Recent appointee Dan Gordon, an insurance man, voted against leaving Scherer in the dust. He's a Gallagher supporter, incidentally, but says that had nothing to do with his vote. Gordon says the motion took him completely by surprise. "There was no discussion about it," he says.
You get the picture. A cabal of Crist supporters decapitated the Gallagher-supporting head of NBHD's political ATM. It's a beautiful stroke of realpolitik, really, and it couldn't have been done without Jeb, who loaded the board with the Cristians in the first place.
But nobody's admitting that politics had anything to do with it. The ostensible reason for the governor's overhaul of the board was to clean out district corruption. New Times (OK, it was me) investigated the district last year and found cronyism, mismanagement, conflicts-of-interest, and rampant waste. "I was told to keep my eyes and ears open and stay out of the paper," Gordon says. "The governor wanted to put new people in and see if we can't put a better face on there."
Scherer just happened to be implicated in most of the reported shenanigans, so it might follow that his ouster was part of that better face. And believe me, I'd love to claim credit for it. Scherer, who never met an interest he couldn't conflict, should be barred by law from being within 500 feet of a pot of tax money. Just this week, he showed his blurring of private/public lines by hiring outgoing Broward County administrator Roger Desjarlais as a "rainmaker" for his development business. But I think the corruption findings, at best, simply opened the door for Jaeger, et al., to make their move against the man who dared to cross Crist.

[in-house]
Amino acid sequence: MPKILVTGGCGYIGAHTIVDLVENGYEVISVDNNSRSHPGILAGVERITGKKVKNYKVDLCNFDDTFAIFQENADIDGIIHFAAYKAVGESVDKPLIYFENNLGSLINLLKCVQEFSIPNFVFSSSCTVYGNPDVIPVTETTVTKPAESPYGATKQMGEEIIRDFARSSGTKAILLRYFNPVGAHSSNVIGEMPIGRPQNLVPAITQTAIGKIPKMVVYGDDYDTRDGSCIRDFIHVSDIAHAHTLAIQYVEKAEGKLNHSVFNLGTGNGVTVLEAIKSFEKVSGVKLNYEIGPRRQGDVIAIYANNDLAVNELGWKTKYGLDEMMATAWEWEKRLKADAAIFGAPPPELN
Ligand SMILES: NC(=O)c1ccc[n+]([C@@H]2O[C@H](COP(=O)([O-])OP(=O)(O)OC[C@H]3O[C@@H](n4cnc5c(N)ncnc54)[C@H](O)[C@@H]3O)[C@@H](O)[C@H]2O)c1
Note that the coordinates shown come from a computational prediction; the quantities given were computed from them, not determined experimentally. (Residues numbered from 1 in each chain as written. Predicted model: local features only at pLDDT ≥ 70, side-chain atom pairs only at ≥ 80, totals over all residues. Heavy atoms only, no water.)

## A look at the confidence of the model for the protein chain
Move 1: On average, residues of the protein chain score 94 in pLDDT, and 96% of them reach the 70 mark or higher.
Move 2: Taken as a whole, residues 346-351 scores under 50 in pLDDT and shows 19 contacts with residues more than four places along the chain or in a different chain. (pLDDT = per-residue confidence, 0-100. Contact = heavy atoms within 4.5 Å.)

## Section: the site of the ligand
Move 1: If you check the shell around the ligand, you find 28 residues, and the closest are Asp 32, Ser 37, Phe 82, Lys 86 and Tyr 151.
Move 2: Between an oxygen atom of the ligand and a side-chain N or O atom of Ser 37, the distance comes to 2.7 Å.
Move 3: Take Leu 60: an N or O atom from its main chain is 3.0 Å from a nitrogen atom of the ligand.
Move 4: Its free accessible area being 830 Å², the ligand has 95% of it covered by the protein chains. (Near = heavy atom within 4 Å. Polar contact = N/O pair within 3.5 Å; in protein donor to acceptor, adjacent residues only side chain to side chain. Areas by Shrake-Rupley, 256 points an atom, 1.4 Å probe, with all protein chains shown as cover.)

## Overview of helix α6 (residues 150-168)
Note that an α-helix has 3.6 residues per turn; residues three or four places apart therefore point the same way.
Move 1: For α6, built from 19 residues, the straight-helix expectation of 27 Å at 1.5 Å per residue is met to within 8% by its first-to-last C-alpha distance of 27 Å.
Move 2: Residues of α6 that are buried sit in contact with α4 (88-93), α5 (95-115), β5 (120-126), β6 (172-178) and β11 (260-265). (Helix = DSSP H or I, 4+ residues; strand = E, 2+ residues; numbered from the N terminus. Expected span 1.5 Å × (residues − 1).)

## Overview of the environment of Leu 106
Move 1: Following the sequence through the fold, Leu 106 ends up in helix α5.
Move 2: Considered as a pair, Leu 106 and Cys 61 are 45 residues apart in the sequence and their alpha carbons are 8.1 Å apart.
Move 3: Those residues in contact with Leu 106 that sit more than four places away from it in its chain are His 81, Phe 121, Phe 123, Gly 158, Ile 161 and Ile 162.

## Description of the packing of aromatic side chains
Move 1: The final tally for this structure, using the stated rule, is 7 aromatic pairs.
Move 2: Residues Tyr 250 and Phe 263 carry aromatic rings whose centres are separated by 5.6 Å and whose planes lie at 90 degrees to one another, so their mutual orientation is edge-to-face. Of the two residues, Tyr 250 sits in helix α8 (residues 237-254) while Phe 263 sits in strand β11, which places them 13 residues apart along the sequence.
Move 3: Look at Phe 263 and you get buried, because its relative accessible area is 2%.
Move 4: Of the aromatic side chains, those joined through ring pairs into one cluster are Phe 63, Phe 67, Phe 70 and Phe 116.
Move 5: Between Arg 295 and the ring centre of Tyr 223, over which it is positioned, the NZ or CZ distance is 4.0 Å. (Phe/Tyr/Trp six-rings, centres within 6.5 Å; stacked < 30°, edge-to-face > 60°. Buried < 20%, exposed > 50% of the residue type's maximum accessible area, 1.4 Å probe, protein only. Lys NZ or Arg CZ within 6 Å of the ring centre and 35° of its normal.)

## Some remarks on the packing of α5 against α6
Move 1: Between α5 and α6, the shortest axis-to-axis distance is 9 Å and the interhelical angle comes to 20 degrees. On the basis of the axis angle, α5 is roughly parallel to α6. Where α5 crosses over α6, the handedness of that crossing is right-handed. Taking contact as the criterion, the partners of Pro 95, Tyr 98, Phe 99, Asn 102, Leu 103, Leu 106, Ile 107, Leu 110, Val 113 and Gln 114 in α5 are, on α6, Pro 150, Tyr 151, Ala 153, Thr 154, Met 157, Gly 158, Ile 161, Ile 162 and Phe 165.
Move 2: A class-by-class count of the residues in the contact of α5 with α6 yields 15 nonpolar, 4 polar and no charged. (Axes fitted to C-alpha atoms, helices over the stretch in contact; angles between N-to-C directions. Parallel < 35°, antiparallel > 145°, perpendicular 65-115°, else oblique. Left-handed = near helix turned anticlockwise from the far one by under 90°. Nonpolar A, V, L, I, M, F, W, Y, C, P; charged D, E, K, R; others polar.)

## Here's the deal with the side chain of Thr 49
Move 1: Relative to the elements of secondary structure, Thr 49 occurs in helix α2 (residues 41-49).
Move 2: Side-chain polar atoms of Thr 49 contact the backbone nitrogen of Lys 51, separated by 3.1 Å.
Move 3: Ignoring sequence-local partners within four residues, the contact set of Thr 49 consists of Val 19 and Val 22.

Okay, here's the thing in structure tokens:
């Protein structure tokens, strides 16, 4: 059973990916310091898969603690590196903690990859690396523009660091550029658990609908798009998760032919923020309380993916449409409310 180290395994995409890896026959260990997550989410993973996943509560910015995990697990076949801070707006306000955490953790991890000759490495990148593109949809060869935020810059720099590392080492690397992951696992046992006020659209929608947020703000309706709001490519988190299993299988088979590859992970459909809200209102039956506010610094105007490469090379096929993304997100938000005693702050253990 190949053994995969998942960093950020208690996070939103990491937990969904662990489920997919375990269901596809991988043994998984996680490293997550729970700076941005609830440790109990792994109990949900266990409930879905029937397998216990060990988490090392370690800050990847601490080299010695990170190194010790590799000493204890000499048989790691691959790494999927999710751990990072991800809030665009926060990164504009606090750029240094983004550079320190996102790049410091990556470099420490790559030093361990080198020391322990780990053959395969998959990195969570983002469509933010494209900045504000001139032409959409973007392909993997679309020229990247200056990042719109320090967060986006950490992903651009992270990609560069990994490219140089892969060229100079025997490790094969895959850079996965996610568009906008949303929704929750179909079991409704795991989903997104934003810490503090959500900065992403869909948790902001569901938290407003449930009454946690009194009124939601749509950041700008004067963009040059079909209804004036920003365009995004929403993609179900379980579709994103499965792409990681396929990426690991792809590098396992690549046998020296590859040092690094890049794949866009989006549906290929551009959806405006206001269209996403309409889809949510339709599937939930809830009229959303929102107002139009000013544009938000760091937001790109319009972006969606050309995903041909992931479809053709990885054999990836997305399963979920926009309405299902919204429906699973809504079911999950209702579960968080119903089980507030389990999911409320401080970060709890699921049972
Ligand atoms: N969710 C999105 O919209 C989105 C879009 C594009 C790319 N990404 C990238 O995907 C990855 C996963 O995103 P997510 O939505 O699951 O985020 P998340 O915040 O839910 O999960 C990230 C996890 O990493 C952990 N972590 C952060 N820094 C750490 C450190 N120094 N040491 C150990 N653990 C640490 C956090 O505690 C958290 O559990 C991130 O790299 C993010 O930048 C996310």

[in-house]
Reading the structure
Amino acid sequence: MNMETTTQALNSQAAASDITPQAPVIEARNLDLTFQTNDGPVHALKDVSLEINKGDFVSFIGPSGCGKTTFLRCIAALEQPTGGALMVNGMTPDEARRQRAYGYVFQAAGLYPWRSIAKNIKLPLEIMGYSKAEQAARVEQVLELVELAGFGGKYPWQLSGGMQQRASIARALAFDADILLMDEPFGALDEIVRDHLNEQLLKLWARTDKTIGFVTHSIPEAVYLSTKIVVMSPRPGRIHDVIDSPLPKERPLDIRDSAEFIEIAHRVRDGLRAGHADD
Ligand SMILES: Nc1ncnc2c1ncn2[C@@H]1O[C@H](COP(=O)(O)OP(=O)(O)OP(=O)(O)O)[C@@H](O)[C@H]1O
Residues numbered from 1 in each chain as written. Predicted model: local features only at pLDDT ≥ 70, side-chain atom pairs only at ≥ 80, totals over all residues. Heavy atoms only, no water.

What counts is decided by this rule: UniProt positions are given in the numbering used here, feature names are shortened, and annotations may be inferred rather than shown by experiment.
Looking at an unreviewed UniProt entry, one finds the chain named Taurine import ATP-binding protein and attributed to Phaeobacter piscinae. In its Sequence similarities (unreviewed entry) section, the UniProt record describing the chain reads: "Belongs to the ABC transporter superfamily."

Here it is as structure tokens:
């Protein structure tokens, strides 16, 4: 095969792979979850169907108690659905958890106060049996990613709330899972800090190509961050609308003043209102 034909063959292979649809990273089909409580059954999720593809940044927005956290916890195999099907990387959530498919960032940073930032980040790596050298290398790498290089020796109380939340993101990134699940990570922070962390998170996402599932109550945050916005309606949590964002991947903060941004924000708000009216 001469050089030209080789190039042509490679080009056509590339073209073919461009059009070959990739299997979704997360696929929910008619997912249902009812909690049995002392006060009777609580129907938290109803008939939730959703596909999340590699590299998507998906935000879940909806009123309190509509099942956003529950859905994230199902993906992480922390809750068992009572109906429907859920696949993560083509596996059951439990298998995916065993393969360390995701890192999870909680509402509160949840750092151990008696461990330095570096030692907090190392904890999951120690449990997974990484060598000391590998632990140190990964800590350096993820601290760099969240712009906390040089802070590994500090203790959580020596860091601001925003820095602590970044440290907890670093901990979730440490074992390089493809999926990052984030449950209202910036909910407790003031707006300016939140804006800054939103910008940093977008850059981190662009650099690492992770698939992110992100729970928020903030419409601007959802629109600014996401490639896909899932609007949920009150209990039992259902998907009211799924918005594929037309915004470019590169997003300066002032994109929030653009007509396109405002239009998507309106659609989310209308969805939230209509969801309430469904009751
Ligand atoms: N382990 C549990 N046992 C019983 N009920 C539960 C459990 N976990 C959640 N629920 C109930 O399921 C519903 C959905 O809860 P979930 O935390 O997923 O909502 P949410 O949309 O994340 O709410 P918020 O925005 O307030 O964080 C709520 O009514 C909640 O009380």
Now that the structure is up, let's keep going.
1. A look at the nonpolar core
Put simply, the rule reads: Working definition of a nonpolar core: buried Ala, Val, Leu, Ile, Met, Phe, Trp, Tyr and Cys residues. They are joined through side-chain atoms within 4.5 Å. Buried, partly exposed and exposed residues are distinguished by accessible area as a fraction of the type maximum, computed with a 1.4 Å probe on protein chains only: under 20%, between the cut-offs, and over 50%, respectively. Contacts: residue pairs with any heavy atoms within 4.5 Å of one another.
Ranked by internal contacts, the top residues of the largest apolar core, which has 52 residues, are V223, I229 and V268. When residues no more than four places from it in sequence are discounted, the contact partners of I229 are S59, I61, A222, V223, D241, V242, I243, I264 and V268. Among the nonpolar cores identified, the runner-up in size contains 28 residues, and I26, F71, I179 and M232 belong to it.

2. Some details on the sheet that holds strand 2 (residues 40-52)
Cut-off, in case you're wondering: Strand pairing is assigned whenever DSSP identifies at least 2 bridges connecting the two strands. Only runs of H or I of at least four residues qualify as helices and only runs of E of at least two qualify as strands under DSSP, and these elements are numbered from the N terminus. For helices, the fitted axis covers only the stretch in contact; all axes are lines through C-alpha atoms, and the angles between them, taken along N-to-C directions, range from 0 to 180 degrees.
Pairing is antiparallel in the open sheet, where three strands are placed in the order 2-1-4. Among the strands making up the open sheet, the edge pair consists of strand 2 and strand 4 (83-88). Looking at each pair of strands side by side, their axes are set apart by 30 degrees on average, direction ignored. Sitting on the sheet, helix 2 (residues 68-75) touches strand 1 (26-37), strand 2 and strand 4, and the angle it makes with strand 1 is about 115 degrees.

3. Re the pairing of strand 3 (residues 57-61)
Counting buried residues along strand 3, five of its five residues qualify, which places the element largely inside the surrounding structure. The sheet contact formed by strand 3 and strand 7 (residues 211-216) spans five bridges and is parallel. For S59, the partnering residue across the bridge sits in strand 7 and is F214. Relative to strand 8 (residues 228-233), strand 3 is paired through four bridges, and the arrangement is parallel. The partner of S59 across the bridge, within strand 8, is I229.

And you can bet that, had Bush not given some sort of tacit approval, Scherer wouldn't be looking for new work. The district is the governor's chief fiefdom in South Florida, and he keeps a close eye on it. Although Bush hasn't endorsed either of the Republicans as his heir apparent, the backstage dealing at the district seems to indicate he prefers Crist.
Al Martinez, Gallagher's spokesman in Tallahassee, says that's nonsense. "The governor has stayed neutral," he retorts.
Yeah, right. But the idea that Bush likes Crist better than Gallagher is no revelation among serious political observers. They know the governor has never been smitten with the latter fellow. It's been a chilly relationship between the two beginning back in 1994 when they ran a sometimes bitter race against one another for governor (Bush beat Gallagher in the primary only to be defeated by the late Lawton Chiles). In 2002, Bush showed that he still didn't care for Gallagher when he leaned on him to exit the U.S. Senate race so that Bill McCollum could win the nomination (and ultimately get whipped by Democrat Bill Nelson).
Old grudges apparently die hard and, intentionally or not, Bush snuffed out Gallagher's best hope in gaining some ground in Broward County when he filled the NBHD board with Crist supporters. And the Attorney General's capture of the district is a great boon for him in what looks to be an extremely close primary vote (the most recent polls show them statistically even).
Party chairman Strum wonders if the move points to a new era at the district.
"Do they back Crist now? Or do they stay on the sidelines?" Strum asks rhetorically. "I don't know. Maybe they stay on the sideline because there is nobody pushing them to contribute anymore."
Imagine that -- a public health system ruled by people who cares less about politics than medical care. And it just might happen now, with Scherer out of the picture and a new board on the dais.